“The year 2010 now has the most national extreme heat records for a single year–nineteen. These nations comprise 20% of the total land area of Earth. This is the largest area of Earth’s surface to experience all-time record high temperatures in any single year in the historical record.”  NASA may have added pink to their maps, but the climate situation has been code-red for a while.

Black Swan Musings

Is global warming a black swan?   |  Climate Progress
One of the defining characteristics of humans is our ability to ignore or downplay facts that would shatter or overturn our world view.  At the same time, we tend to favor or selectively recall information that confirms our preconceptions, which is called “confirmation bias.”

Is Japan’s Nuclear Crisis a black swan?  |  Visual  Essay by  Franke James
“If we excuse the crisis in Japan as a Black Swan, we miss the opportunity to prepare ourselves for a nuclear crisis here at home.   Just last week there was a leak of radioactive water at Pickering, which was covered by the CBC, but got little attention from the public.”  ~ Franke James (who lives in Canada -- near the Pickering Nuclear Power Station)

Nuclear Energy in Crisis

Analysis: German nuclear U-turn means jump in emissions  |  London Telegraph
Germany's nuclear policy U-turn leaves it little choice other than to rely more heavily on coal power, and that could boost its annual carbon emissions by as much as 10 percent.

German nuclear companies stop eco-fund contributions  |  Der Spiegel
Chancellor Angela Merkel's about-face on atomic energy policy is getting expensive. Four companies which operate nuclear reactors in Germany have ceased paying into a fund meant to promote renewable energies – even as the eco-revolution is to be accelerated.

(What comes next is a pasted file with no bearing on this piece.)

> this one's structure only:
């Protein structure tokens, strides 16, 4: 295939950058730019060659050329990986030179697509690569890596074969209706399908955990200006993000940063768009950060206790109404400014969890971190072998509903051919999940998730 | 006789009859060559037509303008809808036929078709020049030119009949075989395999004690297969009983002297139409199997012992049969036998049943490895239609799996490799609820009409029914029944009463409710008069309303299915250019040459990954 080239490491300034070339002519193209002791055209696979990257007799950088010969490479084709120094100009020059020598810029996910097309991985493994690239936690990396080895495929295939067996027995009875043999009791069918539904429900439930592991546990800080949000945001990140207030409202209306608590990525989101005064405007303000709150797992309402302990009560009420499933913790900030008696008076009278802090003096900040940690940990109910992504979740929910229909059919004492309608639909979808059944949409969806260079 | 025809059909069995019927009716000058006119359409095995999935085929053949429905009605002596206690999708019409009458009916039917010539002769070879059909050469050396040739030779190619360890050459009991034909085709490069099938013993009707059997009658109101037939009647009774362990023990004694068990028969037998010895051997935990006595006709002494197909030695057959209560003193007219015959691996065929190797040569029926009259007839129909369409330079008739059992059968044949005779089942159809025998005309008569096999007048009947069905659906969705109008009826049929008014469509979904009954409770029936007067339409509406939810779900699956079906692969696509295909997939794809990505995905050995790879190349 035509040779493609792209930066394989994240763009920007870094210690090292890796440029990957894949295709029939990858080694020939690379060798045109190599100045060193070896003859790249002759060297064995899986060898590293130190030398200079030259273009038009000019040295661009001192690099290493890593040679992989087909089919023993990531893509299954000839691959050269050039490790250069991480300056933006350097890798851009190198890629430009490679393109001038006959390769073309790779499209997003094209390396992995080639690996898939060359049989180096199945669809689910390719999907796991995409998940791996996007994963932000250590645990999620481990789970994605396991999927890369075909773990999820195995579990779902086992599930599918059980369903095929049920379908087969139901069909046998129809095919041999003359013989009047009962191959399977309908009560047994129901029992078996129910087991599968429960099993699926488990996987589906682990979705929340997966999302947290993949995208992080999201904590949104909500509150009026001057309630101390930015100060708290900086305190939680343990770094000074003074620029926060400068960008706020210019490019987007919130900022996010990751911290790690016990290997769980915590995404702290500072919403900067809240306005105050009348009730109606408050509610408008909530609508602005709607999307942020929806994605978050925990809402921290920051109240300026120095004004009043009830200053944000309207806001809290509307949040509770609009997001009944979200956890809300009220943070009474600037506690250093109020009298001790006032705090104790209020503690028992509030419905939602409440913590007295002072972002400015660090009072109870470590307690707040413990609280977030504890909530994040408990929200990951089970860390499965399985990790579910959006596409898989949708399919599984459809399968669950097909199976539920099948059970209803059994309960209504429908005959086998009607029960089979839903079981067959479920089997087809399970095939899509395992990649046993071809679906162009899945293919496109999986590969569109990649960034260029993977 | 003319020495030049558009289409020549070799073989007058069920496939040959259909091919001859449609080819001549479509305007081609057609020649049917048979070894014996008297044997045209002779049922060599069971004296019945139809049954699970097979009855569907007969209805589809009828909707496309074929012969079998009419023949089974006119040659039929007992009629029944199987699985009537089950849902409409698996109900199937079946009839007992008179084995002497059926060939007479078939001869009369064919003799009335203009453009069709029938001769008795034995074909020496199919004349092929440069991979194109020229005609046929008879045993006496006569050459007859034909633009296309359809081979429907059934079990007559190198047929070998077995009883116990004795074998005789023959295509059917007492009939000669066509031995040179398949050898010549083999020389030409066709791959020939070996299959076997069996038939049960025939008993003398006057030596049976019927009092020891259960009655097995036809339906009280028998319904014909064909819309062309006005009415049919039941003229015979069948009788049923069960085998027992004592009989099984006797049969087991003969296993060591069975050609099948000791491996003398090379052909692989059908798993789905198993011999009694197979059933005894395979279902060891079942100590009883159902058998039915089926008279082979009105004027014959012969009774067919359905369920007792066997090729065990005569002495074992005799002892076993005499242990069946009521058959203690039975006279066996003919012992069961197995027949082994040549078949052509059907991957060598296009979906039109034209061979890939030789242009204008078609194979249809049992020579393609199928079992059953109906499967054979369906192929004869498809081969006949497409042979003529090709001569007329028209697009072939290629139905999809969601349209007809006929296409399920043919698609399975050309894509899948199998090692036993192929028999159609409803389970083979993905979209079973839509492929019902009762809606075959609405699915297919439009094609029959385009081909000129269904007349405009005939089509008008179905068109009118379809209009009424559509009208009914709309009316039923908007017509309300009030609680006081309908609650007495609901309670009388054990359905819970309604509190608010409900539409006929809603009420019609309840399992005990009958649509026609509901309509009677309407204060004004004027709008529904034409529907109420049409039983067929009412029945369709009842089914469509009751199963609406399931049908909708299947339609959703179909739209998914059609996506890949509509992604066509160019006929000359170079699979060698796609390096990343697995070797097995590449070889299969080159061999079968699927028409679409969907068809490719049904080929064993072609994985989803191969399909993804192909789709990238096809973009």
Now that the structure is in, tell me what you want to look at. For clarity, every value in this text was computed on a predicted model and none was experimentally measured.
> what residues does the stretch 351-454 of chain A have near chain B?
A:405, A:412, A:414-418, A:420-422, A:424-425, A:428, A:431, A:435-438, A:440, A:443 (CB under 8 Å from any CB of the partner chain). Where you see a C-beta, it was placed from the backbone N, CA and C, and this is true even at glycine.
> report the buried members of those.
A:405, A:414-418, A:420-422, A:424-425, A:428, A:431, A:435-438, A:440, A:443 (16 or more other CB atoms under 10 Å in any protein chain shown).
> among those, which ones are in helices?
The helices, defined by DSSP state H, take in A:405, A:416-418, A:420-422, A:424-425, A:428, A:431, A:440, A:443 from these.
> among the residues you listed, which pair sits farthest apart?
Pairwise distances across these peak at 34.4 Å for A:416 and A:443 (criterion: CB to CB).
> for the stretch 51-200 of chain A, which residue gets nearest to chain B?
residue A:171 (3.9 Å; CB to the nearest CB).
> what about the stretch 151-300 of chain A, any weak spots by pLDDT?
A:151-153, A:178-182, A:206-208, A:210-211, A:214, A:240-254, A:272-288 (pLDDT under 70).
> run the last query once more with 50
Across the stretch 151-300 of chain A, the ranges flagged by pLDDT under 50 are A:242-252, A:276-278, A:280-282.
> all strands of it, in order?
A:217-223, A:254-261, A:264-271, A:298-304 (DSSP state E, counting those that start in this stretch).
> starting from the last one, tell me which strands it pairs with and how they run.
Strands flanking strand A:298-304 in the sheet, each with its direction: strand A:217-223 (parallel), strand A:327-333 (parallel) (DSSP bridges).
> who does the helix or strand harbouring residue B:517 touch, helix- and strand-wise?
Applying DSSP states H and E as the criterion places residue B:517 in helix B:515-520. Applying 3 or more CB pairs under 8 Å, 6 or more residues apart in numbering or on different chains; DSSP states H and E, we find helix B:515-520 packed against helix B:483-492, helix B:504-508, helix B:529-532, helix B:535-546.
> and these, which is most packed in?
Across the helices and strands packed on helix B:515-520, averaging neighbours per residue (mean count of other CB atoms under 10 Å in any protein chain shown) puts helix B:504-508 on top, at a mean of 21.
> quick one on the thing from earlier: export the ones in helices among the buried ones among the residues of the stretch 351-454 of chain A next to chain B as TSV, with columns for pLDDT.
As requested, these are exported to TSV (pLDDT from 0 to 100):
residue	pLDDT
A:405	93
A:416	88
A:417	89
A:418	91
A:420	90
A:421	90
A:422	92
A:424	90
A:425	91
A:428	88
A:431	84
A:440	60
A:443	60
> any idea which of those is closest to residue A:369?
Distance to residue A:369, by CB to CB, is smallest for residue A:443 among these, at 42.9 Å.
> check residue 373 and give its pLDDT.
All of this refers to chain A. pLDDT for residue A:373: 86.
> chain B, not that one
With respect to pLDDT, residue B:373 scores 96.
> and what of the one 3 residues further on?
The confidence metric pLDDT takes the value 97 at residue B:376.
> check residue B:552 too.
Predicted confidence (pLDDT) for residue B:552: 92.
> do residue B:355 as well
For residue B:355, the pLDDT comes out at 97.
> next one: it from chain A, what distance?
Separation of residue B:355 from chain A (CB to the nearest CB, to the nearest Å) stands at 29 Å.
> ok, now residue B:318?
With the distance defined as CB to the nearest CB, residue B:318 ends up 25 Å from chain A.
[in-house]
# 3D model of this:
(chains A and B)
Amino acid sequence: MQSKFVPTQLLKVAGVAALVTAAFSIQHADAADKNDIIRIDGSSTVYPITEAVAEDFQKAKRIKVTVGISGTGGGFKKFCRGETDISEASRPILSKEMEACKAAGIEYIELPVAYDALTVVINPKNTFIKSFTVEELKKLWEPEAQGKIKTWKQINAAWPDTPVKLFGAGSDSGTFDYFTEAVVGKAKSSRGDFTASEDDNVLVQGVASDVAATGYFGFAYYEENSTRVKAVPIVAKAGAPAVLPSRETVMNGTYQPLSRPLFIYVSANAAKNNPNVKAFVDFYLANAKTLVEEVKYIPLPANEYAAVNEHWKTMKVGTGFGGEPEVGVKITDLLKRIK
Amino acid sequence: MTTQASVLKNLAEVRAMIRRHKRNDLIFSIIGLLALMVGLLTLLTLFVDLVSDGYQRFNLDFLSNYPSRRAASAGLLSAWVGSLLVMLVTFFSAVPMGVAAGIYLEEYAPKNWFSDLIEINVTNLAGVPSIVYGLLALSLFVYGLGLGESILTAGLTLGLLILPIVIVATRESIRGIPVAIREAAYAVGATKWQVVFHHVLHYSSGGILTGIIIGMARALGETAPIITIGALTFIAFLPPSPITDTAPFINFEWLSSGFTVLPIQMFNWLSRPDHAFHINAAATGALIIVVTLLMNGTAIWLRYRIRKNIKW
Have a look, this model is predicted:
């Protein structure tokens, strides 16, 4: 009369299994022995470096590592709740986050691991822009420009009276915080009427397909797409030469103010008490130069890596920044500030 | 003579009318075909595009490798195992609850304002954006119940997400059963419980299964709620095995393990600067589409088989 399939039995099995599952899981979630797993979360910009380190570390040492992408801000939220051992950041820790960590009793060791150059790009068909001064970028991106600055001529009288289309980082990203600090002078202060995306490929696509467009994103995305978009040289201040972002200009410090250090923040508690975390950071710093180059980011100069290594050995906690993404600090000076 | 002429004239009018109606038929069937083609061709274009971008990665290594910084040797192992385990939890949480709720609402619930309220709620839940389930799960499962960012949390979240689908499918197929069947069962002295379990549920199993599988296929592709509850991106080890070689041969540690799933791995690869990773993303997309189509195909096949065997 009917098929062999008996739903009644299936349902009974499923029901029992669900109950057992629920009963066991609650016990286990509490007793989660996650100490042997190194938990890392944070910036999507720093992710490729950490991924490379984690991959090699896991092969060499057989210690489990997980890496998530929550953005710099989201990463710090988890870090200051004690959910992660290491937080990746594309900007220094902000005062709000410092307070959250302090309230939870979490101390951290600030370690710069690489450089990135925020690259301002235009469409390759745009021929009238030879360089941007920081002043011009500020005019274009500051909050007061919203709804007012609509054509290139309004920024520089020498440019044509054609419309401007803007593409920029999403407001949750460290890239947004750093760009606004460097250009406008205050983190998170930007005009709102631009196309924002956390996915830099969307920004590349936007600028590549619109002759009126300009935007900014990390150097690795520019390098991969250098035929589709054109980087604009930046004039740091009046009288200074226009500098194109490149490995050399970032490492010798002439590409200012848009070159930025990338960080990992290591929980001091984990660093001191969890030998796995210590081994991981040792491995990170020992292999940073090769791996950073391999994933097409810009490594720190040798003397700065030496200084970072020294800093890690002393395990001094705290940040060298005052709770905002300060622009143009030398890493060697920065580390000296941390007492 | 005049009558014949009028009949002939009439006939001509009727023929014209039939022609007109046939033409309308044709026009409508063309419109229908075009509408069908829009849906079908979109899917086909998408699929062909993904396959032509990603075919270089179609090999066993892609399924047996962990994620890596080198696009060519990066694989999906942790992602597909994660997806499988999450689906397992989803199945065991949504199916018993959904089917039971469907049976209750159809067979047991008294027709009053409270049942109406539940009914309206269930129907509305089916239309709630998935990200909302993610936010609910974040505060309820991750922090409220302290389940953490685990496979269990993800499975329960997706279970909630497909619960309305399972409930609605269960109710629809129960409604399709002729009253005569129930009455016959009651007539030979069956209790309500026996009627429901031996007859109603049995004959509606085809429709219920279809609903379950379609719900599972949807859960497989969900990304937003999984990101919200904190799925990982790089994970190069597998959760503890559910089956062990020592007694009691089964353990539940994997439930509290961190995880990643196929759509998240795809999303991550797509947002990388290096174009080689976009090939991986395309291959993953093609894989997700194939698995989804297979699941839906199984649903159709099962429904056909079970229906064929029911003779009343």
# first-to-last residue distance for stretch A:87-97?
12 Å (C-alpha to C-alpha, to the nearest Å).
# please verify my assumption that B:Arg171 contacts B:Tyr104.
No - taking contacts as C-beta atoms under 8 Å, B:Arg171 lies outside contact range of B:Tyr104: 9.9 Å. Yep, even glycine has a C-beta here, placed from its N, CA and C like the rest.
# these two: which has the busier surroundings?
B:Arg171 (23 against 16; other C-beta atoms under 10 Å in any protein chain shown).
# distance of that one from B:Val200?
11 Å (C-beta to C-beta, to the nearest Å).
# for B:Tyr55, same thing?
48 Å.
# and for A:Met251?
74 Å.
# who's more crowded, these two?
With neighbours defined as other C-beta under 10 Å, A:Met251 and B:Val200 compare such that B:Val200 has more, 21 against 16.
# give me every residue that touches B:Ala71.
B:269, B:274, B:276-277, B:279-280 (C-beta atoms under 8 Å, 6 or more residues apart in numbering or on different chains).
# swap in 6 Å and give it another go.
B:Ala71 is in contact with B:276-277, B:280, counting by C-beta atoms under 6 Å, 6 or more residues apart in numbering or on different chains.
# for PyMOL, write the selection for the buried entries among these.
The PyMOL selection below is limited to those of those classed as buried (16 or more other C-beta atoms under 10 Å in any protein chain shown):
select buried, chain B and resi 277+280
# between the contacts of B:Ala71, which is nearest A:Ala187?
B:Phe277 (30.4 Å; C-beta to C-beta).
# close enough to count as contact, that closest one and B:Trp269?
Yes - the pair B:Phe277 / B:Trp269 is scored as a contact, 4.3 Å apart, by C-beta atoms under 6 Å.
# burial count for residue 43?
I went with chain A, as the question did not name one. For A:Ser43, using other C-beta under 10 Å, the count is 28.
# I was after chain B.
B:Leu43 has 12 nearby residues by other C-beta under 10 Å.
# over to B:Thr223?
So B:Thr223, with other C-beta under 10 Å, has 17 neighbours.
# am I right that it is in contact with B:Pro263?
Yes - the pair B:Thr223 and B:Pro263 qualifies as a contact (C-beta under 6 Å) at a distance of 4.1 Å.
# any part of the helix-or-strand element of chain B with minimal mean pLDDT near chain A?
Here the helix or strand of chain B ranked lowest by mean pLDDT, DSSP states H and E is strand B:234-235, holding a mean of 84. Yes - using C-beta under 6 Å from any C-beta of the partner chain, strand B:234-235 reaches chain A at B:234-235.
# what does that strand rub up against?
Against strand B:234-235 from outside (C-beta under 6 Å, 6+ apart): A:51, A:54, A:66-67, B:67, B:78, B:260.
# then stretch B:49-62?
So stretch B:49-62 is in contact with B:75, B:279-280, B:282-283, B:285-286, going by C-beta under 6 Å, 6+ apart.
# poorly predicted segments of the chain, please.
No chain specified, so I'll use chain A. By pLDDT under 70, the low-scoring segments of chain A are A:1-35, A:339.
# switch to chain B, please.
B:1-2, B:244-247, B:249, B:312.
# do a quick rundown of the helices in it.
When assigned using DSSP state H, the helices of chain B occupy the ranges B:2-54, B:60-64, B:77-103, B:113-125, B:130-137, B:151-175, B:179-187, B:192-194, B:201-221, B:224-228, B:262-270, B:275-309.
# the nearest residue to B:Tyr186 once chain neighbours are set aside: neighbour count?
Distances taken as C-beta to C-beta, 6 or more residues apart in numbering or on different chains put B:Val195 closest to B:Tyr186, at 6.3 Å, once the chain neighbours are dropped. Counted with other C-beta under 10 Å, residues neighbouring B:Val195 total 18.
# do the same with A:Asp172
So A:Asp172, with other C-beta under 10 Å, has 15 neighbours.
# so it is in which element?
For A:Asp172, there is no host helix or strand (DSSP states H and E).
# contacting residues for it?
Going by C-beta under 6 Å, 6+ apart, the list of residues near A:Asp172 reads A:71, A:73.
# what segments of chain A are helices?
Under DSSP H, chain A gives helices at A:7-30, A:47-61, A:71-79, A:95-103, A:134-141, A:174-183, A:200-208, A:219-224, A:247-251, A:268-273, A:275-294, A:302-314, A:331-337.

Escalation in nuclear reactor investment costs  |  Climate Progress
Drawing on largely unknown public records, the paper reveals for the first time both absolute as well as yearly and specific reactor costs and their evolution over time. Its most significant finding is that even this most successful nuclear scale-up was characterized by a substantial escalation of real-term construction costs.

Fukushima and the Future of Nuclear Power  |  Green Cross
Excerpt:  “GCI believes that in order to exit the vicious circle of "poverty versus safe environment" the world must accelerate the transition to energy efficiency and renewables to bring about enormous economic, social and environmental benefits.”

Caldicott: How nuclear apologists mislead the world over radiation  |  London Guardian
George Monbiot and others at best misinform and at worst distort evidence of the dangers of atomic energy

Nuclear alert level rises   |  NY Times